How Come The EPA Emergency Guidelines On Using Pool Shock To Purify Drinking Water Are So Unclear?

Today’s lecture is on the difference between understanding the reasons why authorities tell you to do certain things rather than simply being content with what they say. The authority in question for this particular lecture is the EPA and their instructions on how to use pool shock to disinfect water.

Now before we start I want to make it clear that I am not out to bash the EPA on this particular issue. I think it is a good thing that some bureaucrat took the time to go through all the steps and all the committees that it took to get this on a public facing federal website. It is true that it is poorly written but good writers are hard to come by and I imagine that what good ones the EPA had were needed for higher profile subjects. But fundamentally, I think it is a good thing that a federal agency is letting the world know that it is okay to treat drinking water with pool shock in the event of the emergency.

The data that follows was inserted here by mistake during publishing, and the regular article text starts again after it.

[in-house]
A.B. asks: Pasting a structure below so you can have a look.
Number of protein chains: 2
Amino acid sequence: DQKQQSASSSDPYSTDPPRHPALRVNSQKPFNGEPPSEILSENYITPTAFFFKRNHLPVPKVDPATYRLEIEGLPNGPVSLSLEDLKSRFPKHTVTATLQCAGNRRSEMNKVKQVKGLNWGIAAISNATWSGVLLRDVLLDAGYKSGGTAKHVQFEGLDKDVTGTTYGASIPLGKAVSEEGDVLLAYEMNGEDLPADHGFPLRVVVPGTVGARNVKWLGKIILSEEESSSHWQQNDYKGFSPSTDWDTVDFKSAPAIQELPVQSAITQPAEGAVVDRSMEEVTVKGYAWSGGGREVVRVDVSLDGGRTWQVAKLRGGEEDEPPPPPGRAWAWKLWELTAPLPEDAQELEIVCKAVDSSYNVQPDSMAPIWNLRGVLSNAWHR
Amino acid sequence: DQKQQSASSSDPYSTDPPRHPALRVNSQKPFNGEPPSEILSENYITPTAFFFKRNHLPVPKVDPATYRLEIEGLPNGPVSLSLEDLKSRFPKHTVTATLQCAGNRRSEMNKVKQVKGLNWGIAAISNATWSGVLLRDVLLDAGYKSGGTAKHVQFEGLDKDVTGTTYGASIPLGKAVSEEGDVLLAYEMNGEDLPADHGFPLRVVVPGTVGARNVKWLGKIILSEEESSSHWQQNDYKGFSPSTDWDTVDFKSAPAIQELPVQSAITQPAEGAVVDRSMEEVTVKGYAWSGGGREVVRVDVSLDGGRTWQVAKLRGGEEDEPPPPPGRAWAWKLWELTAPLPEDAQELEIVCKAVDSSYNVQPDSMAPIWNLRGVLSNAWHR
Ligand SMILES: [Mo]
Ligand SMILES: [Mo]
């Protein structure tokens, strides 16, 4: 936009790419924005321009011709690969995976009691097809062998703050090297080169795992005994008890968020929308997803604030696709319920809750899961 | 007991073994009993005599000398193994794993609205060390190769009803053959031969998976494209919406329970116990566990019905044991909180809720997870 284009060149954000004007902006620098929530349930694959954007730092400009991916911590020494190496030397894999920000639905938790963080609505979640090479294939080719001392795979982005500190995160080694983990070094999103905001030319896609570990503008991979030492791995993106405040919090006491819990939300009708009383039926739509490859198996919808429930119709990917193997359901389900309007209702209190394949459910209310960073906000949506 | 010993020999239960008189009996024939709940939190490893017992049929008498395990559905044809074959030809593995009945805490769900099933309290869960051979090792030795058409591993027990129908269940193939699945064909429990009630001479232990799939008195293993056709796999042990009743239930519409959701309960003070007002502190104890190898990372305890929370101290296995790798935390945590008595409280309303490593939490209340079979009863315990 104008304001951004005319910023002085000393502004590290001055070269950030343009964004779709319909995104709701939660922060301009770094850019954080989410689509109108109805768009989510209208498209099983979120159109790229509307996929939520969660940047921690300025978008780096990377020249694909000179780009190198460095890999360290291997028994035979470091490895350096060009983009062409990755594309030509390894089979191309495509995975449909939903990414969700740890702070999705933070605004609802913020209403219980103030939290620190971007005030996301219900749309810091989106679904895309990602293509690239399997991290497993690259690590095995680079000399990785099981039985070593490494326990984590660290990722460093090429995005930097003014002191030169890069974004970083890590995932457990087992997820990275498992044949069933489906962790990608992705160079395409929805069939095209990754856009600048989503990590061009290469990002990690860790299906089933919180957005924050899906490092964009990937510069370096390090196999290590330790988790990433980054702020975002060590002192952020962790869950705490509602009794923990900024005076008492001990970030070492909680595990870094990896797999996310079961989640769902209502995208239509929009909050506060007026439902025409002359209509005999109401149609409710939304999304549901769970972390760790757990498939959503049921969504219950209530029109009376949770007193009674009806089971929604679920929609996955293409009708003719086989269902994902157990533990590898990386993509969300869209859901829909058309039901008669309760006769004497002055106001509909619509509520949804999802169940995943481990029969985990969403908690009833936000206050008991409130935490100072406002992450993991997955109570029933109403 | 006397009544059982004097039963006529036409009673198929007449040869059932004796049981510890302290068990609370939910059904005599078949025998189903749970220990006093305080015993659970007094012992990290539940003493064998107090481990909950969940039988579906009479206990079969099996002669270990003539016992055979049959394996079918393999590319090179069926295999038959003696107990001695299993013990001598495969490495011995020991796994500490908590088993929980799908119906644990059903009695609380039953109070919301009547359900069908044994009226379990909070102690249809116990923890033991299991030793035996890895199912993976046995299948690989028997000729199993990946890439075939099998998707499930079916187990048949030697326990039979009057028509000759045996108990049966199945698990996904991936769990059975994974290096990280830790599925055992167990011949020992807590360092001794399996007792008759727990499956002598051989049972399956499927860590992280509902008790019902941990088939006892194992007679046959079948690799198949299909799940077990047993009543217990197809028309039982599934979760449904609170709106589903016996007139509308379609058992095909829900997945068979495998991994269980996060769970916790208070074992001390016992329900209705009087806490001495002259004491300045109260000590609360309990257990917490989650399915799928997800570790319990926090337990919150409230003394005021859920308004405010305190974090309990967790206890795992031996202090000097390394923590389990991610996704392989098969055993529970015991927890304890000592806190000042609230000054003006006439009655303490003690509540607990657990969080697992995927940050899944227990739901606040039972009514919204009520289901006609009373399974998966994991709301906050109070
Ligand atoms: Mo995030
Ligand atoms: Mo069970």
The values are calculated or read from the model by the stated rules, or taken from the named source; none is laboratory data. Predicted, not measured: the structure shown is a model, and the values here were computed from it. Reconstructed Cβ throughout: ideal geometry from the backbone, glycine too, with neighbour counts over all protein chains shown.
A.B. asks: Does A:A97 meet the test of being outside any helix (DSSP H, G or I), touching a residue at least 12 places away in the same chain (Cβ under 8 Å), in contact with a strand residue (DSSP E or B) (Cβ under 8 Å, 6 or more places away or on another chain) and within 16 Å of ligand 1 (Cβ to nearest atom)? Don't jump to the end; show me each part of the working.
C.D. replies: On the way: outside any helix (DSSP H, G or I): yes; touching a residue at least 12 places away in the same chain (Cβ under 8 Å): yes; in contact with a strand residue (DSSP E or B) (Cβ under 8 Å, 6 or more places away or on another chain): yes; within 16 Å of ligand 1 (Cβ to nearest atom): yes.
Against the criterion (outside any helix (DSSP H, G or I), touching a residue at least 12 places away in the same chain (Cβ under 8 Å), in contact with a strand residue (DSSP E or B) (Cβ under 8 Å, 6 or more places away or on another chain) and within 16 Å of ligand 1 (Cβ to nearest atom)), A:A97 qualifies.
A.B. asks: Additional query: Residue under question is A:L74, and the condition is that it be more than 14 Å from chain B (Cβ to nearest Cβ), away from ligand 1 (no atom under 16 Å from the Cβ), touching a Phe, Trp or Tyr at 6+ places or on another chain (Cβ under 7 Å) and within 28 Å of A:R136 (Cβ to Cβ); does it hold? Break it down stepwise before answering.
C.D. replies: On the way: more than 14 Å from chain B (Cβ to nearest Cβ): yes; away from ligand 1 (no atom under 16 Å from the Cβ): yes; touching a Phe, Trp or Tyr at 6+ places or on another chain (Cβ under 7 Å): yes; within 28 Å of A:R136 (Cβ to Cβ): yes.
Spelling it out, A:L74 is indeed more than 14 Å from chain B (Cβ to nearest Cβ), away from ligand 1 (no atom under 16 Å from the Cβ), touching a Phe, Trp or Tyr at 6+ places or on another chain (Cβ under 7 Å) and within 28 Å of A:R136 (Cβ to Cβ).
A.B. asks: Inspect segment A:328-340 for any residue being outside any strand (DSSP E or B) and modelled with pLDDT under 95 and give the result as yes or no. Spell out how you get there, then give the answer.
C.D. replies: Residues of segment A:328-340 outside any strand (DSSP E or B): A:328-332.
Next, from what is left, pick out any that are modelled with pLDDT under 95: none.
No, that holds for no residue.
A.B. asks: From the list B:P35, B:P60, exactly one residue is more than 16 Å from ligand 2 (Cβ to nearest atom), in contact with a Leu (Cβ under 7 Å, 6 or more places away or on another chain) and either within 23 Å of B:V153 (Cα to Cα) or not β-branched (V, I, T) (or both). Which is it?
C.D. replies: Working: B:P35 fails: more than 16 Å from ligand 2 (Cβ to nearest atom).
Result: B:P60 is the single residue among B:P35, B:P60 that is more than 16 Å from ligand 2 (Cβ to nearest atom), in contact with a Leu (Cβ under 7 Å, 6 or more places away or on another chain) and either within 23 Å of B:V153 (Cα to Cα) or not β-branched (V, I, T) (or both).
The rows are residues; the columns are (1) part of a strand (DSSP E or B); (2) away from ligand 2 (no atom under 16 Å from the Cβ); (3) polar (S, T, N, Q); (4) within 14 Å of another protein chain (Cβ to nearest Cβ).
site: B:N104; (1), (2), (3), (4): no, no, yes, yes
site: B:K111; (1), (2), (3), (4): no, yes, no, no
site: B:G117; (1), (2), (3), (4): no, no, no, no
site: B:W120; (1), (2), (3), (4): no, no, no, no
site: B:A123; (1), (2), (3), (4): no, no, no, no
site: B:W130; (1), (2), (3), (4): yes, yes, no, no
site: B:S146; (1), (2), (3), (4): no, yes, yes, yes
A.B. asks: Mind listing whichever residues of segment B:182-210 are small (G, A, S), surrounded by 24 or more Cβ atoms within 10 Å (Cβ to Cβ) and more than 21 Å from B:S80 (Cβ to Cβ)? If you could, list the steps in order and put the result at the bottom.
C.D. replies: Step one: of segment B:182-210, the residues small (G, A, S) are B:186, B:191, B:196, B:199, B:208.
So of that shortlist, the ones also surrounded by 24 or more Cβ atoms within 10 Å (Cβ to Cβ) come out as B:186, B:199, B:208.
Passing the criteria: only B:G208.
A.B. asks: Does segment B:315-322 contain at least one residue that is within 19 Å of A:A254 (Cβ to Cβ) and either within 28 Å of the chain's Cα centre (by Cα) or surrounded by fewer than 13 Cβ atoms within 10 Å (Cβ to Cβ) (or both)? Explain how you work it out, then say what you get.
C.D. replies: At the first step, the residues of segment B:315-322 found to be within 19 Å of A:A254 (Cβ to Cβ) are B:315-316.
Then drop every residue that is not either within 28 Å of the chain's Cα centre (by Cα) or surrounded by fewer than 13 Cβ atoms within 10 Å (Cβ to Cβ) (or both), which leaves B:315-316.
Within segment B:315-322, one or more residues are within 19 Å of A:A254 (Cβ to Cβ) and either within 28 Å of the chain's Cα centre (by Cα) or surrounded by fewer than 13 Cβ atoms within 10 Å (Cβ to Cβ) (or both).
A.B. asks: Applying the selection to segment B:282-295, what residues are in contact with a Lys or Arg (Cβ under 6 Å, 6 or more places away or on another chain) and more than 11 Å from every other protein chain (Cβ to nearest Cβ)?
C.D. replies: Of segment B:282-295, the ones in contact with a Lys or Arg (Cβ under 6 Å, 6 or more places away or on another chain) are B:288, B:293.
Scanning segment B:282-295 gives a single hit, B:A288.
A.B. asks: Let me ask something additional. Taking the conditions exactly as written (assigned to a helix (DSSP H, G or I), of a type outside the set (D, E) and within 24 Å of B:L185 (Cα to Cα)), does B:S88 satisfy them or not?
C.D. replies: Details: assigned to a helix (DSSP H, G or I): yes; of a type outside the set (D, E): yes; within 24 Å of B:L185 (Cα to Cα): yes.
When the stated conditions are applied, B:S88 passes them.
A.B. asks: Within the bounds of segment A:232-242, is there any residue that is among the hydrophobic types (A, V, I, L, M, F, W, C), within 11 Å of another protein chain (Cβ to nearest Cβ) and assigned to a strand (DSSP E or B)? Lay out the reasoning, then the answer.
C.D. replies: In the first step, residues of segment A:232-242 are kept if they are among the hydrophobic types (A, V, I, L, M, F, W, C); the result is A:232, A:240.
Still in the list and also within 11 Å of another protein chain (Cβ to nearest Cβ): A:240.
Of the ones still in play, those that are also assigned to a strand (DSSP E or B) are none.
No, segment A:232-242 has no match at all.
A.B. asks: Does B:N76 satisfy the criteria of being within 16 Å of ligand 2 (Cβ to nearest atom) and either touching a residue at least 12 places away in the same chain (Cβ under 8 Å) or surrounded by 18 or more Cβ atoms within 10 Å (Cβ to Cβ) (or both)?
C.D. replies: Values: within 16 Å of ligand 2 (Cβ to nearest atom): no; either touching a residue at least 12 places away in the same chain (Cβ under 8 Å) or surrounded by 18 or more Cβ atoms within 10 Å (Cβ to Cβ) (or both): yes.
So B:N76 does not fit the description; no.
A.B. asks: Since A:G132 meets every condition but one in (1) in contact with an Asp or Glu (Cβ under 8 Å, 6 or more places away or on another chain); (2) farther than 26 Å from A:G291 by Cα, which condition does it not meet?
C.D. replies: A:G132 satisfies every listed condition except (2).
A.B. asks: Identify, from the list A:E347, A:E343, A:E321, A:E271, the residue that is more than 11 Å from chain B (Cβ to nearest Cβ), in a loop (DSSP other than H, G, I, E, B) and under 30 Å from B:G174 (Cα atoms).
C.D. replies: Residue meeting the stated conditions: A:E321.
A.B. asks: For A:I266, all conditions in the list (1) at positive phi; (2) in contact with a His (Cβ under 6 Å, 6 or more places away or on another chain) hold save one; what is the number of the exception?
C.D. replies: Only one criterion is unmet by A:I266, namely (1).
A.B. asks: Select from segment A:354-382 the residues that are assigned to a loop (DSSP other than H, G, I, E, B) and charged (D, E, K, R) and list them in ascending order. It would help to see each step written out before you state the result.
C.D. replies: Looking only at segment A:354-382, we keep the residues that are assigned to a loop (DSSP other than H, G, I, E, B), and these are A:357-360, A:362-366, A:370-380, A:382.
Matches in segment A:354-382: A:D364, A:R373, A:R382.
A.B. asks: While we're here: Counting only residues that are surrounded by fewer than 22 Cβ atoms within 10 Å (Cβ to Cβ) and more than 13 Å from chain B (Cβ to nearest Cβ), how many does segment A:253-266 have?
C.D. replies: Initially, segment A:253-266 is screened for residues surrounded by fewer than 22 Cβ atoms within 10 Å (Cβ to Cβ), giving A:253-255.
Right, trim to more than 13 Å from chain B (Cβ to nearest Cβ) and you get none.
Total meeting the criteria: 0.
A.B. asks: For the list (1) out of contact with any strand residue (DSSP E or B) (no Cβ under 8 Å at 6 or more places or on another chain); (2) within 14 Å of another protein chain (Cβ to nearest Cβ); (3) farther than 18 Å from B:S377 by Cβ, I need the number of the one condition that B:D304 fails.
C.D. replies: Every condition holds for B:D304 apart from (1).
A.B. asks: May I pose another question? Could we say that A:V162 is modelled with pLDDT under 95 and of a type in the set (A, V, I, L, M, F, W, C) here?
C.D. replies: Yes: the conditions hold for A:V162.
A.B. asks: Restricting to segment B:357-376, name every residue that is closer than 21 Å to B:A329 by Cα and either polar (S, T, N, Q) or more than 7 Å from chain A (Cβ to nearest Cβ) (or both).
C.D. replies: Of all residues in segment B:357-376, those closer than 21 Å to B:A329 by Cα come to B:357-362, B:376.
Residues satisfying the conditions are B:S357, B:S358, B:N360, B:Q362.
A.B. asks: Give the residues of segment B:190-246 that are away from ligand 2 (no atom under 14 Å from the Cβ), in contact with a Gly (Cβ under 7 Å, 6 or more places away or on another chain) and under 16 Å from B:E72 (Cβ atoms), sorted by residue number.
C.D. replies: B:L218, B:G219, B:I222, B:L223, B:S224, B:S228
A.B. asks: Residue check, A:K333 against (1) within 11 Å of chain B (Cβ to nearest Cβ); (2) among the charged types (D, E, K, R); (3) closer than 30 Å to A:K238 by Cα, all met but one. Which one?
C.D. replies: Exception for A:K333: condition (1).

The problem that I have is that some (many?) people who are interested in preparedness are simply content to accept that “the EPA says it is okay” without understanding why the EPA says it is okay. I would think if you were interested in being prepared you would want to know why the EPA thinks it is okay and how it works rather than be simply content with “the government says so.”

So we what we are going to do is pick apart the EPA instructions to try to figure out “why” they say what they do. Our first step is to look at the EPA directions as they are retrieved on 7/17/2021 (they could change them and probably should make them a little clearer).

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